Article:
Then I got to my phone, which had a voicemail telling me that the test results confirmed the shingles diagnosis, which meant that I owed a major apology to Dr. Sippy.

I drove to the office to finish some things, feeling worse by the hour, until a coworker/friend told me about someone we know who got shingles, which are caused by stress, tried to work through it, and then ended up in the hospital for like a week.

Brianne then banned me from the office, telling me that she would get started on my FMLA paperwork.

Then I called Cathie, whose first piece of advice was "don't let the shingles make it to your eyes or you'll go blind" which is the absolute worst thing you can say to someone who is trying to recover from a disease caused by stress.

I was ordered to stay home and rest today but do you guys want to know what I'm really bad at?


I'm not good at rest.

I complained to Skylar this morning that I was bored and asked if I had rested enough to be able to go back to the office but then he screamed at me that it was only 8:15 AM and then something about "SICK DAYS ARE WASTED ON YOU" and "STOP TOUCHING YOUR HEAD."

Duncan and I have been pacing the house all day, taking the horse pills as scheduled, looking out the windows, and wishing we could play outside like all of the other kids.

These shingles are taking forever to go away. They're basically worse than, well, going to urgent care in my neighborhood.

~It Just Gets Stranger


  1. Oh, sweet honey boy, I am so sorry to hear about this! Literally, and I say this sincerely, shingles is the absolute worst thing that can happen to a human aside from the act of giving birth and about a hundred other things I can think of off the top of my head. But casting those minor life pains aside, shingles is the actual worst. Devin (my husband) is the exact opposite of you, in terms of handling health situations. Devin had shingles a few years ago, and his were on his back and chest and stomach, and I think it was about three days that he kept saying he thought he was having a heart attack because the pain was so intense and what else could it be when there's pain in your chest and it's hard to breathe? So for three days he kept telling me he thought he was having a heart attack and I was about to strangle him for not going to the doctor when he FINALLY did. He kept saying, "but I guess it's not a heart attack, or I'd probably be dead by now, right?" But it hurt so much he had to hold his shirt out away from his body to breathe or move or anything. If I send you chicken soup in the mail, it would still be good when it got there, right? Here's my prescription for you: put on a snuggie, get out the cheetos, and watch all the Christmas movies on Netflix with titles like, "Merry Kissmas" and "Christmas with A View" (that one's my new favorite). "Christmas in the Smokies", (the restaurant scene is where I'm living these days) And then get out your laptop and type up your novel we've all been waiting for. November is National Novel Writing Month, you know. OH, and don't let anyone make you feel bad for watching Christmas movies in November. It's not like I've decorated yet! OR you could catch up on all those Halloween movies we recommended for you.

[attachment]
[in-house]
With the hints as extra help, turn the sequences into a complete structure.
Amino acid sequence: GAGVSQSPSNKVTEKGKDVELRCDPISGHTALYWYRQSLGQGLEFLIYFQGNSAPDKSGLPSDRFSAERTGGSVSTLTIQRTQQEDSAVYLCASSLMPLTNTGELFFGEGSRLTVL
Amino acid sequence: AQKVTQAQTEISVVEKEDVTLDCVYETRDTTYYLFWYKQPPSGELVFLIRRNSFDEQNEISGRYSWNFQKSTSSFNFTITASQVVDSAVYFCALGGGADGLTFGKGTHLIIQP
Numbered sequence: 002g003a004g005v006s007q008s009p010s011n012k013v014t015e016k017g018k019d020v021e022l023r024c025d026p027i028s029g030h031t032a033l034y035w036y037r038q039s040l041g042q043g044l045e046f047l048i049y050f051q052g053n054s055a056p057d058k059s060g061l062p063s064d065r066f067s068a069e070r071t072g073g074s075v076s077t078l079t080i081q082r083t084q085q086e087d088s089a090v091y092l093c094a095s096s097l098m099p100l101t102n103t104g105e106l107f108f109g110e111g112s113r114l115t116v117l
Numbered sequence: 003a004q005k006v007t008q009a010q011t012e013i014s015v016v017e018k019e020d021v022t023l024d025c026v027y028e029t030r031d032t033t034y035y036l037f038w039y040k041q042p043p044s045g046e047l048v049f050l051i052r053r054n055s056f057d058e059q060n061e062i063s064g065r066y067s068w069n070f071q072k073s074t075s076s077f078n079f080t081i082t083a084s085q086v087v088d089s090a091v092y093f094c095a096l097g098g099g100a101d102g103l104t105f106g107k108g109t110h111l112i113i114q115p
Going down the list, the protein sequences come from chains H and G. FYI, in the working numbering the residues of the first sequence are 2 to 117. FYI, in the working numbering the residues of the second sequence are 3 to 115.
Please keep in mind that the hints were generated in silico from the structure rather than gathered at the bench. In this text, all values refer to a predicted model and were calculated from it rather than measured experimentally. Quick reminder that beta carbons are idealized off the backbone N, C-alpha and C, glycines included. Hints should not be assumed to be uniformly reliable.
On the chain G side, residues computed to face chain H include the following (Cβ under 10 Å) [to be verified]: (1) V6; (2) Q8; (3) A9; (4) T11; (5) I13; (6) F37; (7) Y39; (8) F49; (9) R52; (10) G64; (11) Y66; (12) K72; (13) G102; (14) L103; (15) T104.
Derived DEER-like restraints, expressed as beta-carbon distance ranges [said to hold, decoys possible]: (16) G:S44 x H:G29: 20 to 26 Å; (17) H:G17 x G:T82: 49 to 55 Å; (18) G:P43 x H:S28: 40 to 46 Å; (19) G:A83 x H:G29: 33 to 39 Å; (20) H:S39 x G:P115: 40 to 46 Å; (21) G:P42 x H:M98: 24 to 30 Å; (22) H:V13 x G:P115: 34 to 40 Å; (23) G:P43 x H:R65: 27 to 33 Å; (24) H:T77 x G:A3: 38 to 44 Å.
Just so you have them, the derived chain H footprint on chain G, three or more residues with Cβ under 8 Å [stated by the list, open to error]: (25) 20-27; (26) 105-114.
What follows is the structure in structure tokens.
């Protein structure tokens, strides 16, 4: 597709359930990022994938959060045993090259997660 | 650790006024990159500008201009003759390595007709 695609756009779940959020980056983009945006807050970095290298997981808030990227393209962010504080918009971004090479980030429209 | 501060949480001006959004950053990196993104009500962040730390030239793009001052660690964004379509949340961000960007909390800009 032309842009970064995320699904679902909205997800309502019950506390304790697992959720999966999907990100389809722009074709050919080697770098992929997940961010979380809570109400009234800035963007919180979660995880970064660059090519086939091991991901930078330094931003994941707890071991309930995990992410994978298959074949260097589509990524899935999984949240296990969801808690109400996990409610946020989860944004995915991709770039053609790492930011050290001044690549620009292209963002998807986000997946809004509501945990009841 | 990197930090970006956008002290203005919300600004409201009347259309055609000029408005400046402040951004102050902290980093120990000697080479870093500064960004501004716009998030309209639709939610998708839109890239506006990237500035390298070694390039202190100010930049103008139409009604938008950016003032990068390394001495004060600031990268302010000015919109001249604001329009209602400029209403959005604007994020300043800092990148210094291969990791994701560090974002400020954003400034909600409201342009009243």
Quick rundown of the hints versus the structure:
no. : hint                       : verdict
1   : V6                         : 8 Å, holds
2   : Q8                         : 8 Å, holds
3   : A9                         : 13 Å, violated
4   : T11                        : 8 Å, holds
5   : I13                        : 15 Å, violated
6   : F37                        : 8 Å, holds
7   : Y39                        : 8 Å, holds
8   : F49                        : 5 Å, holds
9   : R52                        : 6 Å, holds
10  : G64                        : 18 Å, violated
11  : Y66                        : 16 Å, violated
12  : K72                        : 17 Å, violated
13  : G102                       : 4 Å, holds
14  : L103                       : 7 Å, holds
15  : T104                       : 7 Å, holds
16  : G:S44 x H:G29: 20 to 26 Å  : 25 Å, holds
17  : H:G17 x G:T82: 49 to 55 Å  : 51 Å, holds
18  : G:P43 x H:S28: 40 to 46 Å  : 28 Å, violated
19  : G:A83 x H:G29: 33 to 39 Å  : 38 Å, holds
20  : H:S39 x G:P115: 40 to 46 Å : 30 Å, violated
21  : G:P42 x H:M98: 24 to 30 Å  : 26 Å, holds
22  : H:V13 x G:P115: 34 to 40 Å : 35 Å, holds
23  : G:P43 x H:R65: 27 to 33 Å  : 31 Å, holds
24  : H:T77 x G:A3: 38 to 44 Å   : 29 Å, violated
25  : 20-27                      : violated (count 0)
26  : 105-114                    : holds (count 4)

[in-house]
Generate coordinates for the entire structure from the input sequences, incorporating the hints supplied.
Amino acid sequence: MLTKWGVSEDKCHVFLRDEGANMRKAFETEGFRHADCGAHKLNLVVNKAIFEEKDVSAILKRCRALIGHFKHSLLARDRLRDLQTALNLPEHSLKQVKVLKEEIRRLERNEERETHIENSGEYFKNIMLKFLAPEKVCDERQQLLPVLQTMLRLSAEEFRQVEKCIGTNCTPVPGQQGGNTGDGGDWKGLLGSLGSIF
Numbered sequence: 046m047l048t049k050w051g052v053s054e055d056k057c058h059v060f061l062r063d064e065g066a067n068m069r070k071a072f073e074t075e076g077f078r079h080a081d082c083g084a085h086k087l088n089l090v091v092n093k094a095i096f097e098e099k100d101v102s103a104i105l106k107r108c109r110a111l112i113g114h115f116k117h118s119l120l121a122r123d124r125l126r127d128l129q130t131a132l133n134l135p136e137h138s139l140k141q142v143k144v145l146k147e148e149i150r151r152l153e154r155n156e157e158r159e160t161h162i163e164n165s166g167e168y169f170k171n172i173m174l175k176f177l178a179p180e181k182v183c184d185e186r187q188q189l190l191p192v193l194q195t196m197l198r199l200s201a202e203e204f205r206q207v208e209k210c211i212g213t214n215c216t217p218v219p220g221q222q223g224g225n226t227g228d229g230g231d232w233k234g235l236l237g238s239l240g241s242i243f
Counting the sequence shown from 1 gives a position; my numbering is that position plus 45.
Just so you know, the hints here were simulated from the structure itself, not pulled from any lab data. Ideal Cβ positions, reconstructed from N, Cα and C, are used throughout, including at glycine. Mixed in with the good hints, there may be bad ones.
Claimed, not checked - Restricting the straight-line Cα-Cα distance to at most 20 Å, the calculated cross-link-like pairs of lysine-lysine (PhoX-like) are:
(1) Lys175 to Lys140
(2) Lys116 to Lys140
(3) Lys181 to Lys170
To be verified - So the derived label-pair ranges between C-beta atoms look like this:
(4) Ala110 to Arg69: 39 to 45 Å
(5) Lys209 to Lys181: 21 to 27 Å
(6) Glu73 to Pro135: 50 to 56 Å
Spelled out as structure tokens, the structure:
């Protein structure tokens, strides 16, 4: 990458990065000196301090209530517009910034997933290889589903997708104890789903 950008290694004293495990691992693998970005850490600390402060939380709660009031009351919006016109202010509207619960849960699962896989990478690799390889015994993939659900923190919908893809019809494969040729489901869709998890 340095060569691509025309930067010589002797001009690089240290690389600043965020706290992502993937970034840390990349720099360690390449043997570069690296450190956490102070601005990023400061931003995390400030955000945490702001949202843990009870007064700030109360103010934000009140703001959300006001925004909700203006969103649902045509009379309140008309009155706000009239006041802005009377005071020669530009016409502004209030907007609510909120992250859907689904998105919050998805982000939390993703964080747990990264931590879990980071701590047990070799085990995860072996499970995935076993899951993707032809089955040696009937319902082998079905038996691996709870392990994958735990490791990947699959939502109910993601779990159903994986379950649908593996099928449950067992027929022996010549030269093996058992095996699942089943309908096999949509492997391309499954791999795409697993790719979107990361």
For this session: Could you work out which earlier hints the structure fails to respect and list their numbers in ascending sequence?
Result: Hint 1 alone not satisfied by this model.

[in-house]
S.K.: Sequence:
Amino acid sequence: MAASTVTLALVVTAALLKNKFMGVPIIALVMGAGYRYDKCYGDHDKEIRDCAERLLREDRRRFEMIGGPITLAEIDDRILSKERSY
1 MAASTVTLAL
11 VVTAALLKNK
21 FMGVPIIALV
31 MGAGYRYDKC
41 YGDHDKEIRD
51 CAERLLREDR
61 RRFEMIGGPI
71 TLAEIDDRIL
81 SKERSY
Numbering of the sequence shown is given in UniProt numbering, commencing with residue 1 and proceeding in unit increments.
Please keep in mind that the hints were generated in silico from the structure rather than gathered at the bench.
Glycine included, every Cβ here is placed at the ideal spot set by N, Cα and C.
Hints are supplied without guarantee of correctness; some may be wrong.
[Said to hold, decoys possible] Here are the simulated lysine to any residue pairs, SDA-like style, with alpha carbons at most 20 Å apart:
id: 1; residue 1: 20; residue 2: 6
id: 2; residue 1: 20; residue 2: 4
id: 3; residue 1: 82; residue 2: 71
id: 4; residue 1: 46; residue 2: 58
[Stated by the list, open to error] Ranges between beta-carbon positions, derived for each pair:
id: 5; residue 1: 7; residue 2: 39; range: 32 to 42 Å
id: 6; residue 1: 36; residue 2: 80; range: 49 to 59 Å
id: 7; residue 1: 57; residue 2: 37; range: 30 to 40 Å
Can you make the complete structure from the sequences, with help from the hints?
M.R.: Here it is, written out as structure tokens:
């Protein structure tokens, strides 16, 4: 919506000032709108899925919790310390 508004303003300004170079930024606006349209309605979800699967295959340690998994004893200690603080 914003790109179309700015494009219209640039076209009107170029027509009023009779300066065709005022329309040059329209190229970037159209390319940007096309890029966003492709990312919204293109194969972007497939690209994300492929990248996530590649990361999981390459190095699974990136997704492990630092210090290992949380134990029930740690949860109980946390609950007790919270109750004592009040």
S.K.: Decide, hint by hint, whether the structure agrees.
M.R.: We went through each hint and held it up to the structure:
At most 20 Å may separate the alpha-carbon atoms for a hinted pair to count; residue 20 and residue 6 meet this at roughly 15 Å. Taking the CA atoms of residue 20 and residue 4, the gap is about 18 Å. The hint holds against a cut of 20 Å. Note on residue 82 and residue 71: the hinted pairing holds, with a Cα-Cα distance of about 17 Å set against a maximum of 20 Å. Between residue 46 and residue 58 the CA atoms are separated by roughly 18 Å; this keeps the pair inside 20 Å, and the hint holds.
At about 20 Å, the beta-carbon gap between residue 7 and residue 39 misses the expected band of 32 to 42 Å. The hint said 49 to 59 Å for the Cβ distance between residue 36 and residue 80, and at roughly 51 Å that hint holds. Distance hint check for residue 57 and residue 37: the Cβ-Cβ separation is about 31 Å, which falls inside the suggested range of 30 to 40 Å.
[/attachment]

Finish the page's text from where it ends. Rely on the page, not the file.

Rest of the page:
Ok, now go back to sleep, honey bear sweetums.

    1. You mentioned the snuggie and this brought up a thought I had the other day . . .


    2. It seems that the Ohio post office may have lost it. This is devastating. I'm currently considering starting anew.

    3. NOOOOOOOOOOOOO!!!!!!!! Curse you Ohio Post Office! Every time I get a package I open it in hopes of it being the Snuggie!

    4. Ohiooooooooooooooo! How does this happen? Someone call Ohio. Someone put on a Sherlock Holmes hat, and walk around pointing at things until we figure this out.

  2. Shingles aren't contagious? I thought they were HIGHLY contagious . . . . I've heard they're awful - sorry to hear you have them. And just in case they are contagious - Skylar should sleep in the basement until you're cleared.

    1. TMI: She said that if they "open" they will become contagious, but only to people who haven't had chicken pox or are not immunized. Hence the "don't rub your head on pregnant ladies" advice.